Created by the members of the Massachusetts Bay Colony in 1636 to defend the earliest American community, the Army National Guard celebrates its 377th birthday today.
Originally a militia group made up of all able-bodied colonists over the age of 16, the National Guard in its current form wasn’t created until 1916. Its citizen-soldier members have fought and died in every major American conflict since 1637.
National Guard units have been essential to the war effort for the past 12 years in both Iraq and Afghanistan, while also answering the call to duty in local and state communities across the nation. Known as the country’s first responders, the National Guard has reacted quickly to disasters such as 9/11, Colorado forest fires, and Hurricane Sandy. These citizen-soldiers will continue to play an important role in future security efforts both at home and abroad.
The Guard’s responsibilities have grown since its inception. In addition to natural disasters, the Guard provides critical support in the event of a chemical, biological, radiological, nuclear, and high-yield explosive (CBRNE) attack. Even during natural disasters, these forces can come in handy as nuclear power plants and other industrial sites have the potential to release such hazardous materials. As new threats emerge and reductions elsewhere in the military create more security gaps, the nation will increasingly call upon its citizen-soldiers.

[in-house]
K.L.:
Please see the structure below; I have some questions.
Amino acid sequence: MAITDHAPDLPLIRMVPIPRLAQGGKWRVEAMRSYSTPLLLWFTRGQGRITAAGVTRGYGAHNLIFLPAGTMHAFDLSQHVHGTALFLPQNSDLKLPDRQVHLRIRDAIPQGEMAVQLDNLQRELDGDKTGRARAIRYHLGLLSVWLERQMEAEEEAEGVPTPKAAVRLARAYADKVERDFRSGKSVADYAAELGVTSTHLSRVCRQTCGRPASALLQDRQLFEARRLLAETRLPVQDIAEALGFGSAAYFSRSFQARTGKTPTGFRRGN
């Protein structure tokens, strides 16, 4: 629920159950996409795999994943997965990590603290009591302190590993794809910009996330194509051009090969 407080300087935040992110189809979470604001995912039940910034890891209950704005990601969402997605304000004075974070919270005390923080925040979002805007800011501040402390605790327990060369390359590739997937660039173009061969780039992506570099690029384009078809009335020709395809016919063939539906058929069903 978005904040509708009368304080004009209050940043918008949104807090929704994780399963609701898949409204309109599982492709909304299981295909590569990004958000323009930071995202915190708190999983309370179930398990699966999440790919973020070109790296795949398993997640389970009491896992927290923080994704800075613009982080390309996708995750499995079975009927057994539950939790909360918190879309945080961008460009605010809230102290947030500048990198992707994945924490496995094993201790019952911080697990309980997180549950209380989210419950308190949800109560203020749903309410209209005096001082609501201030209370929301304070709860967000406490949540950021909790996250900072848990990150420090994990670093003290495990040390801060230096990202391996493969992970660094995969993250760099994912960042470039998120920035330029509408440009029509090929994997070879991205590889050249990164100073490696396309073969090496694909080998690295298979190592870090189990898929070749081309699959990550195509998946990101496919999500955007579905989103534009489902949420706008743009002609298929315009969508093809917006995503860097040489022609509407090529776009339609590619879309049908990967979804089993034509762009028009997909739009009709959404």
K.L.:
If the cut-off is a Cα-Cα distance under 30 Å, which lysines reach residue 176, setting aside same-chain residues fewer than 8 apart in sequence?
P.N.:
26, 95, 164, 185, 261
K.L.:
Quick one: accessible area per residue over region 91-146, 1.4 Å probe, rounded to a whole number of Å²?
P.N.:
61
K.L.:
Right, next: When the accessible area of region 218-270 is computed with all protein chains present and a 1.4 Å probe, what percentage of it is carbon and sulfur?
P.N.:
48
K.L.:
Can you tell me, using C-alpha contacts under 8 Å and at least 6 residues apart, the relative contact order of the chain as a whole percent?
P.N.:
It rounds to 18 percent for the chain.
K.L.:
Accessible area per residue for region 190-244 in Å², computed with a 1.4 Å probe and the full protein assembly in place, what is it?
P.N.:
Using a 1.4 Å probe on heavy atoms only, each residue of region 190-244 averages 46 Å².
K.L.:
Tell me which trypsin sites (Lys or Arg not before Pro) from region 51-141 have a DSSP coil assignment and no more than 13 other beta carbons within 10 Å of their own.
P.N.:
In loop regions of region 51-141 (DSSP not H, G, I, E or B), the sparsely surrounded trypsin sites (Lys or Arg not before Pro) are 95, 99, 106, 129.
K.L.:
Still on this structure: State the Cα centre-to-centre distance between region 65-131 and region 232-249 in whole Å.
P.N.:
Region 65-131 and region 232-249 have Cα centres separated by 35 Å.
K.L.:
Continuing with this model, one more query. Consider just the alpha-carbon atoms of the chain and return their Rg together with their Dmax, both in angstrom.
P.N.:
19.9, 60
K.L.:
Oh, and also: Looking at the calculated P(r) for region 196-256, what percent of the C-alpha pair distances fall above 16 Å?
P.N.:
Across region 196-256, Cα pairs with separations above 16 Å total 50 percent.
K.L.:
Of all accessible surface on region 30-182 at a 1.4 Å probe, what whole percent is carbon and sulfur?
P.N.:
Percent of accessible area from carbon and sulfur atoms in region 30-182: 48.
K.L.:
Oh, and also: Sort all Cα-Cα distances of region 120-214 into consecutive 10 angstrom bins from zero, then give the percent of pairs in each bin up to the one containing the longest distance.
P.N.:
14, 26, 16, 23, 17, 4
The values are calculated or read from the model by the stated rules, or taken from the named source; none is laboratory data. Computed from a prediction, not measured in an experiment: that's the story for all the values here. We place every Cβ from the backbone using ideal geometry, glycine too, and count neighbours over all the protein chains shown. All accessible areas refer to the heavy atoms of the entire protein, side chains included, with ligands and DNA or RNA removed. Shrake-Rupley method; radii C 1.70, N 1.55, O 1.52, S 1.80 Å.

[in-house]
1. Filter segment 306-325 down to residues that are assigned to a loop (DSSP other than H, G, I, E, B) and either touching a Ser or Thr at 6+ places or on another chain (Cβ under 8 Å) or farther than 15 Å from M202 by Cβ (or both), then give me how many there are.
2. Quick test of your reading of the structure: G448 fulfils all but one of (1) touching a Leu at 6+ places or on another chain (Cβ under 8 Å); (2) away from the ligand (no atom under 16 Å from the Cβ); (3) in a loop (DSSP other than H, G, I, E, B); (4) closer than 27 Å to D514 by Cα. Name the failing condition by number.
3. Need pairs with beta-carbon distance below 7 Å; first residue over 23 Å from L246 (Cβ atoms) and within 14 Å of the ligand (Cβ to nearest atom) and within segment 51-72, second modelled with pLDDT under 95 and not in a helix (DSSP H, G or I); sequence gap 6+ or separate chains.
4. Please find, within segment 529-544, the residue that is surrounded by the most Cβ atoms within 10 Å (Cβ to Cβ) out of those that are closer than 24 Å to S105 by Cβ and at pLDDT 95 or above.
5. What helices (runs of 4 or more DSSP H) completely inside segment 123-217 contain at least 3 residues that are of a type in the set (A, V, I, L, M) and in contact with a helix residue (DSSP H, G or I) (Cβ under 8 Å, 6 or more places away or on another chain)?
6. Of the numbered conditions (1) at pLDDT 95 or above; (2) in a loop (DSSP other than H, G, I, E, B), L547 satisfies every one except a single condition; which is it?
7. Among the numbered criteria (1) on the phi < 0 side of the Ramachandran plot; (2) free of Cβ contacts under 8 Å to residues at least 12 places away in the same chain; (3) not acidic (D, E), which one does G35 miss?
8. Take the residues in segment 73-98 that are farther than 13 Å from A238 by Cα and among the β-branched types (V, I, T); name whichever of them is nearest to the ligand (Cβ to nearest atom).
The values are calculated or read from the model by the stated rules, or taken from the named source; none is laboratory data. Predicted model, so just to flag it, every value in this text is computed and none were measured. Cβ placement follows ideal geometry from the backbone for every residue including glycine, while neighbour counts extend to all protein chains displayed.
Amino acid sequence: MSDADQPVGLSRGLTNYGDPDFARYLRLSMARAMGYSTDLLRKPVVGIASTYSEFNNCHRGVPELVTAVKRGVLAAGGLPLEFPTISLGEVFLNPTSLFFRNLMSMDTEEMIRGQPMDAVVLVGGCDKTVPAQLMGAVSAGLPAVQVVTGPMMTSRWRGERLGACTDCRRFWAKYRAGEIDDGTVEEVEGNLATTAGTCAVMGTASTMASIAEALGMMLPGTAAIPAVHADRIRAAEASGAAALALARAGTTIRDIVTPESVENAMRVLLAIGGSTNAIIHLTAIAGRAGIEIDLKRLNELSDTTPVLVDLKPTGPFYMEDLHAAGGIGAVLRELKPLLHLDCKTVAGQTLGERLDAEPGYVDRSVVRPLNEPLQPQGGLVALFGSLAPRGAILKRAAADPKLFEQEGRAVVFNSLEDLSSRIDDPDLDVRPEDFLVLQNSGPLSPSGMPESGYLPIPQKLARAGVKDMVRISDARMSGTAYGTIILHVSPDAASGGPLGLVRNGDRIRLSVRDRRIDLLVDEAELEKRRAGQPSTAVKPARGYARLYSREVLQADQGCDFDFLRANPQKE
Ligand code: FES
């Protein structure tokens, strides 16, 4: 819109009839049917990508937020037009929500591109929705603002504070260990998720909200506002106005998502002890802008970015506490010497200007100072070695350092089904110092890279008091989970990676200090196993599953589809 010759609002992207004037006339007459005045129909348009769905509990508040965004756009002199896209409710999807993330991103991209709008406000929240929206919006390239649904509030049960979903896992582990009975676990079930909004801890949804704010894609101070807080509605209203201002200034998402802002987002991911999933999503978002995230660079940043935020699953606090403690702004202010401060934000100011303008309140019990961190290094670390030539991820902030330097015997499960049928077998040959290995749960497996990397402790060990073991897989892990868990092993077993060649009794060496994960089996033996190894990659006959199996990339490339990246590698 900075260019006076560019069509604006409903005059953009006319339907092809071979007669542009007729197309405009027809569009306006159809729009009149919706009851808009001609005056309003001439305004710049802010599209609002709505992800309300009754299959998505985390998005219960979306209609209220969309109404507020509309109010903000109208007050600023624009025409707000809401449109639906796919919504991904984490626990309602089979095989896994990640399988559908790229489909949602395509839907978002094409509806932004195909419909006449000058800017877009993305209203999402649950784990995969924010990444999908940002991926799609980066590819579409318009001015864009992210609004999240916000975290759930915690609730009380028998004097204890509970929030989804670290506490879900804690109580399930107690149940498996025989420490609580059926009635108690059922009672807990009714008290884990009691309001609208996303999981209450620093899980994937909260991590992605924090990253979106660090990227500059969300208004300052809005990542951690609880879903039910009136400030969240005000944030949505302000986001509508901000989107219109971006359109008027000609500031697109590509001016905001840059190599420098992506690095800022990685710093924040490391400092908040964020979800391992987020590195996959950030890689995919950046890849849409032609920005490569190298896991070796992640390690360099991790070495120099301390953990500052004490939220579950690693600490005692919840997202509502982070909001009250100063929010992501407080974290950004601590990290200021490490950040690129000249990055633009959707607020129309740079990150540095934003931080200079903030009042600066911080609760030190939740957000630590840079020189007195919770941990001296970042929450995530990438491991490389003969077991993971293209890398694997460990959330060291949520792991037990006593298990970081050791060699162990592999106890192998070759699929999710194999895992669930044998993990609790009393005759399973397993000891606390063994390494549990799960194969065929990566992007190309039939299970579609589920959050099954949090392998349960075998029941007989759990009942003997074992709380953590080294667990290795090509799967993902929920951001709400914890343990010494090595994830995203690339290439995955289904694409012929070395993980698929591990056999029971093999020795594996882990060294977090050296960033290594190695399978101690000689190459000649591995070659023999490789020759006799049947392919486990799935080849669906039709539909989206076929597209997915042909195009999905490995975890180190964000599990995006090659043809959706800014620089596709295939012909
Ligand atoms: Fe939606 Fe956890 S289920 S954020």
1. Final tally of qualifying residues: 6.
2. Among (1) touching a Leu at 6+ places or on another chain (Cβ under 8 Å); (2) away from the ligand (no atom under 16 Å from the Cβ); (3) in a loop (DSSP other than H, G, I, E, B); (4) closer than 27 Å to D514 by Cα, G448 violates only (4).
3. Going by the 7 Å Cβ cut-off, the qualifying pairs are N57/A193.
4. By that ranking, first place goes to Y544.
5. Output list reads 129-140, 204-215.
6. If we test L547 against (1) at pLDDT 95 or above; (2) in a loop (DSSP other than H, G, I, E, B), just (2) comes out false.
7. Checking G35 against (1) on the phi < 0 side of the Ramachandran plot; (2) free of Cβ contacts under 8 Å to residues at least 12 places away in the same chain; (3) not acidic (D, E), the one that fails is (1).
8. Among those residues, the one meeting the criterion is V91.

The National Guard has defended America at home and abroad for nearly 400 years. Yet, budget reductions under the Obama Administration threaten its ability to respond rapidly in the future, putting lives and national security at risk. These cuts have included large projected personnel reductions and a smaller commitment from the federal government. As we honor those Citizen-Soldiers who have protected the homeland for nearly 400 hundred years, we should also reflect on the constitutional obligation of Congress to provide for the common defense. They can do so by providing the Guard and other armed forces the resources they need to preserve national security.
Clark Irvine is currently a member of the Young Leaders Program at The Heritage Foundation. For more information on interning at Heritage, please click here.